6. Not long ago I was depressed and offended by one of my husband’s friends who for some reason came into my home raving about “pussy-power.” If he knew that such terms are the equivalent of using the N-word for African-Americans, he showed no sign of it! This is an educated man, and worse, a former teacher. I puzzle about such behavior.

    I can only conclude that the fear of women in positions of power and authority are so threatening to many men that they become hysterical and irrational. I’d like to feel compassion for such people, but all I feel is contempt. Sorry!

    • If saying pussy power is more offensive then the N-word then why did you say one and not the other? If a word/term is so bad you can’t even say it odds are you consider it worse.

    • I’d argue that we have seen a fairly significant rise the amount and degree of sexism directed toward men in recent years. I might never use the term “pussy-power,” but I have been irked more than once by the casual sexism inherent in some of the comments women make. For example, “All men are idiots.” Perhaps, in some reality this statement is not the equivalent of “Women can’t drive,” but that not in this reality. Sexism and the casual air of superiority and domination that women have been displaying at least in my social circles is no less inappropriate in an egalitarian society than was the typical male behavior of decades past. It is inappropriate for a women to casually tell their husband, “You won’t (or will) do this because I said so.” In the financial and political world men may still hold sway, but in the world of daily life power seems to rest with the women and they have already begun to abuse it. It would be interesting to see how long it takes for men to respond with their own version of feminism.

      I regularly say a prayer of thanks that I am gay and don’t have to deal with many of the manipulative, ridiculous, and entitled behaviors that women currently display. If I were straight, I’d probably seriously consider celibacy as a viable option rather than tolerating it much, I imagine, as some women did in decades and centuries past. I will admit that being able to approach every relationship on completely equal footing (gender-wise) is a nice bonus to a homosexual pairing as well.

  7. William Lane says:

    This would make for a very interesting sociological experiment.

    4 mixed gender groups should be taken in. One will receive a course in women’s studies that includes the concept of linguistic discrimination. Group 2 will receive the same course, but with that topic omitted. Group 3 will learn about the concept of linguistic discrimination without any other material. Finally, Group 4, the control group, will receive no education on the matter whatsoever.

    Afterwards, the people will be given a survey on their views about gender, sexism, etc.
    The results could be very helpful.

  8. You are so right! I have seen someone say “do you guys want to go” and a woman start to go because she thought that included her, and a guy get all huffy with her. She obviously was hurt and surprised by the reaction.
    It’s difficult to figure out when it is inclusive and when it’s not, making women and girls perpetually on edge trying to figure out if THIS time it means them. It’s quite distracting for them, and is likely one of the major causes of female hesitance.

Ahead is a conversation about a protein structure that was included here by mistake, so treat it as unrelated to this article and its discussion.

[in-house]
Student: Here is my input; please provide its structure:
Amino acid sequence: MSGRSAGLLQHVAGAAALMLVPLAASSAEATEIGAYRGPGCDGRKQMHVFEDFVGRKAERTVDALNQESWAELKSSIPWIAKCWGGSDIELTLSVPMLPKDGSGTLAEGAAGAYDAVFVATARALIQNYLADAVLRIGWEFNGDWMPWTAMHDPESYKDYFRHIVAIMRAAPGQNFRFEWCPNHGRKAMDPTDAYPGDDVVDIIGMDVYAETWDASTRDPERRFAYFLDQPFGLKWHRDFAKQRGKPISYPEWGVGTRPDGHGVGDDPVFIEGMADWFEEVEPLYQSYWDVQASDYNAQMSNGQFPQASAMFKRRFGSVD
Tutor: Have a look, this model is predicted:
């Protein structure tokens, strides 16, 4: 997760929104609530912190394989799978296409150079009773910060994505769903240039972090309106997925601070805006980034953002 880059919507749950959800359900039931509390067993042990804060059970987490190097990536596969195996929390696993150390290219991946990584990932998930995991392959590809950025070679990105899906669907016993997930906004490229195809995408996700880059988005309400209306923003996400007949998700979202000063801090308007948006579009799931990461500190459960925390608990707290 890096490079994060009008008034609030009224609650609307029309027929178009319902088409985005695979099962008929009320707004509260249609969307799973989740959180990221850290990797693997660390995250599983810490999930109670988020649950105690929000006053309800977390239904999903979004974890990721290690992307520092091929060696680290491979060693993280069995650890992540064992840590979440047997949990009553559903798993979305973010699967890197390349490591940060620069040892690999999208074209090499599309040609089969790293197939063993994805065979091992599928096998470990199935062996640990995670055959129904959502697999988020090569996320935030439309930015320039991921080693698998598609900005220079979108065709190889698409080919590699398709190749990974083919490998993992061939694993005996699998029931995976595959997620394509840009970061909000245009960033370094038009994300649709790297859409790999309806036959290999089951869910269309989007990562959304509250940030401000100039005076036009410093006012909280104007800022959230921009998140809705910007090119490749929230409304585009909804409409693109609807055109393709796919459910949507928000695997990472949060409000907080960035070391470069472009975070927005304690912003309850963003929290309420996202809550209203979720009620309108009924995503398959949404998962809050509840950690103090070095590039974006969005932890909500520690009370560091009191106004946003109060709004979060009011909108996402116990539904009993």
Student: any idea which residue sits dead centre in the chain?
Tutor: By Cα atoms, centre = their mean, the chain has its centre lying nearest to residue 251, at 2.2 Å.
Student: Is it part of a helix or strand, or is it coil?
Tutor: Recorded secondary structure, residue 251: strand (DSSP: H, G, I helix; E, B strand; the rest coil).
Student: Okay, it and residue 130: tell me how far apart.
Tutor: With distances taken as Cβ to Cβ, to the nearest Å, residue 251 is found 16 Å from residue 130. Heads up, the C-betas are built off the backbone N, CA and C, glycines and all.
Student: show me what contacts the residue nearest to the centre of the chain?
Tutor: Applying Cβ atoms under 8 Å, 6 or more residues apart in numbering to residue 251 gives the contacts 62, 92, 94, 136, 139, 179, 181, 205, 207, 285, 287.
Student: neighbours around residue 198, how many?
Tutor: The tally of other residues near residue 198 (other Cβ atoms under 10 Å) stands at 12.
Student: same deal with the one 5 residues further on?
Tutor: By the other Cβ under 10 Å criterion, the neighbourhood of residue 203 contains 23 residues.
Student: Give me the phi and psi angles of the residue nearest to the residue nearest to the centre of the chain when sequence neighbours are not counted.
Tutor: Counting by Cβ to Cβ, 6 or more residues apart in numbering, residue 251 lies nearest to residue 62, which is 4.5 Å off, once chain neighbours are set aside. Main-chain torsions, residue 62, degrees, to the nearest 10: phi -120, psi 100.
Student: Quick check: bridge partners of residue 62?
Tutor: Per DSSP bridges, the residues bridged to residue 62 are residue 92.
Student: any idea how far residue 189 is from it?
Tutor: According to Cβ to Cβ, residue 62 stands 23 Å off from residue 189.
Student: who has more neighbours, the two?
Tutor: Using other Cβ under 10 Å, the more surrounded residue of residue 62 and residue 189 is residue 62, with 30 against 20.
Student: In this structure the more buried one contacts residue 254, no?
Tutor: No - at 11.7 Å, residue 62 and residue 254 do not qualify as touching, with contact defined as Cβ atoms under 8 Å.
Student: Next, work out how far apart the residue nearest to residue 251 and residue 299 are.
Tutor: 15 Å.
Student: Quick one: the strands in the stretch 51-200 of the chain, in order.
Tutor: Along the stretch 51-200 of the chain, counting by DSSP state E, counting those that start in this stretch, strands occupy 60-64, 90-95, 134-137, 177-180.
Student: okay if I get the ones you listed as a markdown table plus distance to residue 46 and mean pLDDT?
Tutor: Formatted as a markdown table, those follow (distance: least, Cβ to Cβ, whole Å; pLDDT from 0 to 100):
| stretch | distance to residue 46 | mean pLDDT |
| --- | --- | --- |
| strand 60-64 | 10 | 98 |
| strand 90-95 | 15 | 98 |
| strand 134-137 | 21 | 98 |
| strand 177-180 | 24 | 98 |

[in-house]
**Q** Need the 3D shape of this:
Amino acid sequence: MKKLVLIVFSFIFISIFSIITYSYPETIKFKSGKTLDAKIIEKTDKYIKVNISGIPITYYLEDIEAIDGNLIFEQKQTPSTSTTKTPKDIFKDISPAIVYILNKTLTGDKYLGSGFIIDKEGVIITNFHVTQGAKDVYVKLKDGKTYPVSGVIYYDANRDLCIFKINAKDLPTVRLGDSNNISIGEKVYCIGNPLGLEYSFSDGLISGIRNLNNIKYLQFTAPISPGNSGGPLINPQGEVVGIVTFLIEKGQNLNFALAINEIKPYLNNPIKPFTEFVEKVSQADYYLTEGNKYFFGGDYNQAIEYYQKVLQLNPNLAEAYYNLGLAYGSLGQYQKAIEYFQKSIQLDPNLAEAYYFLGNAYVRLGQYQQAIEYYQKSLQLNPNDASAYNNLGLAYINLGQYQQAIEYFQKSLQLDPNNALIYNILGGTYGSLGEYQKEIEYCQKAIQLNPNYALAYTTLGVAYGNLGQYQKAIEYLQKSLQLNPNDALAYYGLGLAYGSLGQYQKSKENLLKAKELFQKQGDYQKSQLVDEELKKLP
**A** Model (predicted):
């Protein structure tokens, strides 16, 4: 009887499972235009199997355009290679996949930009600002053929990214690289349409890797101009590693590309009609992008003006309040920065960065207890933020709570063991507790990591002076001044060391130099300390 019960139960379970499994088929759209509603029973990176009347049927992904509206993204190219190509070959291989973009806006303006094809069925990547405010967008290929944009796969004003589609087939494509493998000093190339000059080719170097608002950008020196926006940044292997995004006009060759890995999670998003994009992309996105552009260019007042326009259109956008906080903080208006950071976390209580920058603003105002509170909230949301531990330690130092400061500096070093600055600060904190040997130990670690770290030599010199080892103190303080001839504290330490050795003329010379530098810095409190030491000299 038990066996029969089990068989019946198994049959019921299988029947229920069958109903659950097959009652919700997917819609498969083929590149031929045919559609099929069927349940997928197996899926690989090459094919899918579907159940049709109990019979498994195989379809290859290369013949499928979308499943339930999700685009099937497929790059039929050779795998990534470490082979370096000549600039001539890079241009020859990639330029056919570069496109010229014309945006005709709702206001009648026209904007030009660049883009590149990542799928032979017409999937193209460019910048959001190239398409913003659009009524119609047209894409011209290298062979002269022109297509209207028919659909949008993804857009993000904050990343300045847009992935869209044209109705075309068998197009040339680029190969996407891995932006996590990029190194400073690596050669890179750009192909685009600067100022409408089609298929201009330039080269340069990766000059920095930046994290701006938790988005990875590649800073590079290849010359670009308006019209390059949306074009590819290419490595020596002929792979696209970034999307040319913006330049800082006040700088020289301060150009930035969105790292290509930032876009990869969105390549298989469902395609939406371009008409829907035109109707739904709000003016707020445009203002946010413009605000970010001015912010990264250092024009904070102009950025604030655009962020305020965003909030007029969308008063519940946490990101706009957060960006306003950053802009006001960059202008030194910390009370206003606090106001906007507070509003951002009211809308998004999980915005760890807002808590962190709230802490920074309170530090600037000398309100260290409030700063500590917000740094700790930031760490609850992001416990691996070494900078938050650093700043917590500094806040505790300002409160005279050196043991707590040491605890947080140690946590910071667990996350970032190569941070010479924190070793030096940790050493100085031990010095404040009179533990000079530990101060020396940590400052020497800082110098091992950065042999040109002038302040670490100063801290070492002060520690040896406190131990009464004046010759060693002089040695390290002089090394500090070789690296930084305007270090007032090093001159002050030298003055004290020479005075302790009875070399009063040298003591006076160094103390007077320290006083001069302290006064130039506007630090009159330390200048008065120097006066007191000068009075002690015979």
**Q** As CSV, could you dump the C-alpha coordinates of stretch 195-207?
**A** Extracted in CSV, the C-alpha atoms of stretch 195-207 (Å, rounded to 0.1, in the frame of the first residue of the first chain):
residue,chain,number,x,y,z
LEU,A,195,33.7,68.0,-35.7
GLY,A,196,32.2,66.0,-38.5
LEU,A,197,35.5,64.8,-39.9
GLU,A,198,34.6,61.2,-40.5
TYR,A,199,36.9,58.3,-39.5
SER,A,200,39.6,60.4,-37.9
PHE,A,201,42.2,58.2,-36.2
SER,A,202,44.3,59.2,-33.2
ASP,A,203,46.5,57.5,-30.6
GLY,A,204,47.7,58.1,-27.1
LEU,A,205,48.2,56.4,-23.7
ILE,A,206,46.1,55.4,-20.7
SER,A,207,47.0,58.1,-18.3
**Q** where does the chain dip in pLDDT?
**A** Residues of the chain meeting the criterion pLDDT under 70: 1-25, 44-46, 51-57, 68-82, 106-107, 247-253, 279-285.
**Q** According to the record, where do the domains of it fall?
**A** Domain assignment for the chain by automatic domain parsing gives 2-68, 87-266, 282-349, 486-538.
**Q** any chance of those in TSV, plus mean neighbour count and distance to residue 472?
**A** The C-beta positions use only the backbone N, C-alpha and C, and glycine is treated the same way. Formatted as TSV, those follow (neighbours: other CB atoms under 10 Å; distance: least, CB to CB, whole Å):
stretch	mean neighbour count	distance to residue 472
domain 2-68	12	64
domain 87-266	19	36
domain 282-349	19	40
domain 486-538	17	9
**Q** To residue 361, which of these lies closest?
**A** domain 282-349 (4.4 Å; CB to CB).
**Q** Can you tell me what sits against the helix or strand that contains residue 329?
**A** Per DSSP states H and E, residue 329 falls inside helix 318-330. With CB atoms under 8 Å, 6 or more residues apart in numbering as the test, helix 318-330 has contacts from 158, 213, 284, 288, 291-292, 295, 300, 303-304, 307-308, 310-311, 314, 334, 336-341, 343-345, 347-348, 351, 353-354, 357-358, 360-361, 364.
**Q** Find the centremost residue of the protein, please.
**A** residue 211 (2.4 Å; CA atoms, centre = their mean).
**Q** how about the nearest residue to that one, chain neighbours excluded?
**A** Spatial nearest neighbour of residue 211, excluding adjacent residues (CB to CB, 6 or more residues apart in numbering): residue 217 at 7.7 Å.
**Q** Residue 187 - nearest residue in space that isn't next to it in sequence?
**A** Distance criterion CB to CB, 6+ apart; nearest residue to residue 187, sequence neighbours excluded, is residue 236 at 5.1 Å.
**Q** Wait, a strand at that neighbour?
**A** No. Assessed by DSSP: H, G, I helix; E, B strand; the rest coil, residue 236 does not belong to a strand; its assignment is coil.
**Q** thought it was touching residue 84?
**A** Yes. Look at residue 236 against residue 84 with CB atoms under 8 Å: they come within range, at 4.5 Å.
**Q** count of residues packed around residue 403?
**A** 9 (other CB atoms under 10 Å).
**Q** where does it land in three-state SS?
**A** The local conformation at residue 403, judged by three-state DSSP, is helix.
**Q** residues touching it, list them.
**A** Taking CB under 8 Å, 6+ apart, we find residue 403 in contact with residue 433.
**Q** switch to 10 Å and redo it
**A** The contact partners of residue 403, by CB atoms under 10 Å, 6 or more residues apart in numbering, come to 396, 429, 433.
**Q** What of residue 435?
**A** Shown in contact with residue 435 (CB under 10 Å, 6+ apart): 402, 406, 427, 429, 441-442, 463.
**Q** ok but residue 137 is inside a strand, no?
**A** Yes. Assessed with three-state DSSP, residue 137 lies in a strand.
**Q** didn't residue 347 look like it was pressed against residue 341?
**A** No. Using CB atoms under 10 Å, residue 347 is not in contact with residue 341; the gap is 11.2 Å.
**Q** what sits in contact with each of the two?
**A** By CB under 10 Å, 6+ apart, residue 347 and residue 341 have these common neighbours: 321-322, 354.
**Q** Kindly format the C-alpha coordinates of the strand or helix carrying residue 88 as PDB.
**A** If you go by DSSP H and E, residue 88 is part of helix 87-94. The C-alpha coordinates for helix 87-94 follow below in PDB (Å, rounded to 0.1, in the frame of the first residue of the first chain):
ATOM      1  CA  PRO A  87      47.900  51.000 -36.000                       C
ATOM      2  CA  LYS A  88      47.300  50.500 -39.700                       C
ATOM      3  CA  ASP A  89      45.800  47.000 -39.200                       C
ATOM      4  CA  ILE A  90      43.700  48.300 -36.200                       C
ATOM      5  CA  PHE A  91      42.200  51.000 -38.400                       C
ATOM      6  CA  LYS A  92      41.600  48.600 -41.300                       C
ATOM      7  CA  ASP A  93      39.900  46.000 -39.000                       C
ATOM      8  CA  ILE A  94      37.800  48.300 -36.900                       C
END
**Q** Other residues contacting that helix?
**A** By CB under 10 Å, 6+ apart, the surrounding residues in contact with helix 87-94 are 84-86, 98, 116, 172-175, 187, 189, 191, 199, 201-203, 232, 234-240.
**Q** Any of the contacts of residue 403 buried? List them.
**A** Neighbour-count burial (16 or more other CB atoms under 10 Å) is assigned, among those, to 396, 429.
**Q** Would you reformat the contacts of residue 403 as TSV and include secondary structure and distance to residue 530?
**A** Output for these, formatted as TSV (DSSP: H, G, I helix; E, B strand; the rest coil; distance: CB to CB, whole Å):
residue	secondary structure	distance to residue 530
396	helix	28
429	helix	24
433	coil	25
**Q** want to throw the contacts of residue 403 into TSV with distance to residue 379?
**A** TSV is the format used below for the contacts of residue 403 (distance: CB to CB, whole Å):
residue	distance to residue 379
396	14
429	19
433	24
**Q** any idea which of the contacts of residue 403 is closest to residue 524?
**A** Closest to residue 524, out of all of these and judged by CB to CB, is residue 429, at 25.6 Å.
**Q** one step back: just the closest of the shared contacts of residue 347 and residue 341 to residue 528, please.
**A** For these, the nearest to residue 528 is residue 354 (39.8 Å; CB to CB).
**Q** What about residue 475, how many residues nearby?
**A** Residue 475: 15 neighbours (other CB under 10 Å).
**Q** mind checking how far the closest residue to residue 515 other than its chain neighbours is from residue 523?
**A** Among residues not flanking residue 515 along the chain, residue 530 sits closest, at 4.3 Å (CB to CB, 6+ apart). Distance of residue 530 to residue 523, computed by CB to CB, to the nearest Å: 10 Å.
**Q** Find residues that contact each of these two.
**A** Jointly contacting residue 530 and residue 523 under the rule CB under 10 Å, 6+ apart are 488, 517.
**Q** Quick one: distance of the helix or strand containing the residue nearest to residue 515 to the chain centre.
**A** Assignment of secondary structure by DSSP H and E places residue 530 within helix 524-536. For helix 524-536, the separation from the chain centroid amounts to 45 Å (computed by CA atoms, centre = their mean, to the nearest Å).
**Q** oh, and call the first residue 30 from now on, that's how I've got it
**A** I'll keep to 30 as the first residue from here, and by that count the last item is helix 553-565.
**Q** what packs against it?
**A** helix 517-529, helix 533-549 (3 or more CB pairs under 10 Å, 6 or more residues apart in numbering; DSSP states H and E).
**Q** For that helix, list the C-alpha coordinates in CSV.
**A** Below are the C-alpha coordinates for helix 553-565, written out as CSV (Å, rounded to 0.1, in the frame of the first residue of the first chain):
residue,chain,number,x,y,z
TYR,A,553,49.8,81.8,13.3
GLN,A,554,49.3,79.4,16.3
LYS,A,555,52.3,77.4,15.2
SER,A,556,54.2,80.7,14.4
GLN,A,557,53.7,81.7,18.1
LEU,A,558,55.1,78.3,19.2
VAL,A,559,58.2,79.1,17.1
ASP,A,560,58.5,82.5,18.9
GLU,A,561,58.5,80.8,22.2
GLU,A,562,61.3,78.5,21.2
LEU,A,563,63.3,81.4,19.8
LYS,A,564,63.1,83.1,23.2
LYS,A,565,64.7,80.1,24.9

9. I grew very used to calling everyone “guys,” myself, before I developed a feminist consciousness on the matter. It’s not an easy habit to break. I’ve taken a cue from Southerners and now say “y’all.”

  10. nancy faubel says:

    I own a small store and it drives me nuts when my employees call woman guys, particularly elderly women, whom I think are much more sensitive to it. In their day, they were ladies, women, whatever, what they must think the world has come to now that they are called guys.

  11. Remember “girl” was originally the term for all children, regardless of sex. I don’t know where boy came from, but females got stuck with the childish bit.
    We feminists just need to agree on a better term and use it continuously in all the media outlets available to us. Sneak it into pop culture and that’ll make it stick.
    But it’s also like the using ‘right’ for ‘correct’. It may seem like a small thing, but it continuously reinforces ‘right’ as good, so therefore ‘left’ must be bad. So pagan. And as a leftie, very irritating.

  12. GallusNumpty says:

    The etymology of “guy” is very much gender neutral, so the more interesting question to me is when it stopped being so and why.

  13. “But still, most people hold to the idea that men and women are fundamentally and inherently different, with men being superior.”

    Really? Do you have any evidence for this?

    I’m guessing that if we were to poll Americans they would overwhelmingly deny that men are inherently superior to women. (I take it that, in your article about the word ‘guys’, you are referring to systemic sexism in the U.S. — or at least the English speaking world. I would guess that it’s the same UK, Australia or Canada.) If you have evidence to the contrary, please share.

    Perhaps you did not mean what you said to be taken so literally. Or perhaps you’re playing with phrase ‘hold to the idea’. I do grant that it’s somewhat more plausible to say that most of us harbor tacit prejudices associated with the discredited belief that men are superior to women, but even this seems like the kind of thing that would require at least some empirical support.

    Is the fact that ‘most people’ hold to such a crass version of the old-fashioned sexism really essential to your interpretation of the word ‘guys’? Maybe it was just an off-hand remark. Still, the claim is conspicuously lacking in support.

    • See the research summarized and discussed in Cecilia L. Ridgeway’s Book, “Framed by Gender” (Oxford University Press, 2011), especially chapter 6, “The Persistence of Inequality.”

  14. meridianknight says:

    “Folks” works for larger groups of people and I also say “everyone” or “everybody.” “Y’all” works in certain situations but would feel awkward in others. In smaller groups though, say, 3-5 friends, I almost always use “guys.” Is there an alternative for this scenario?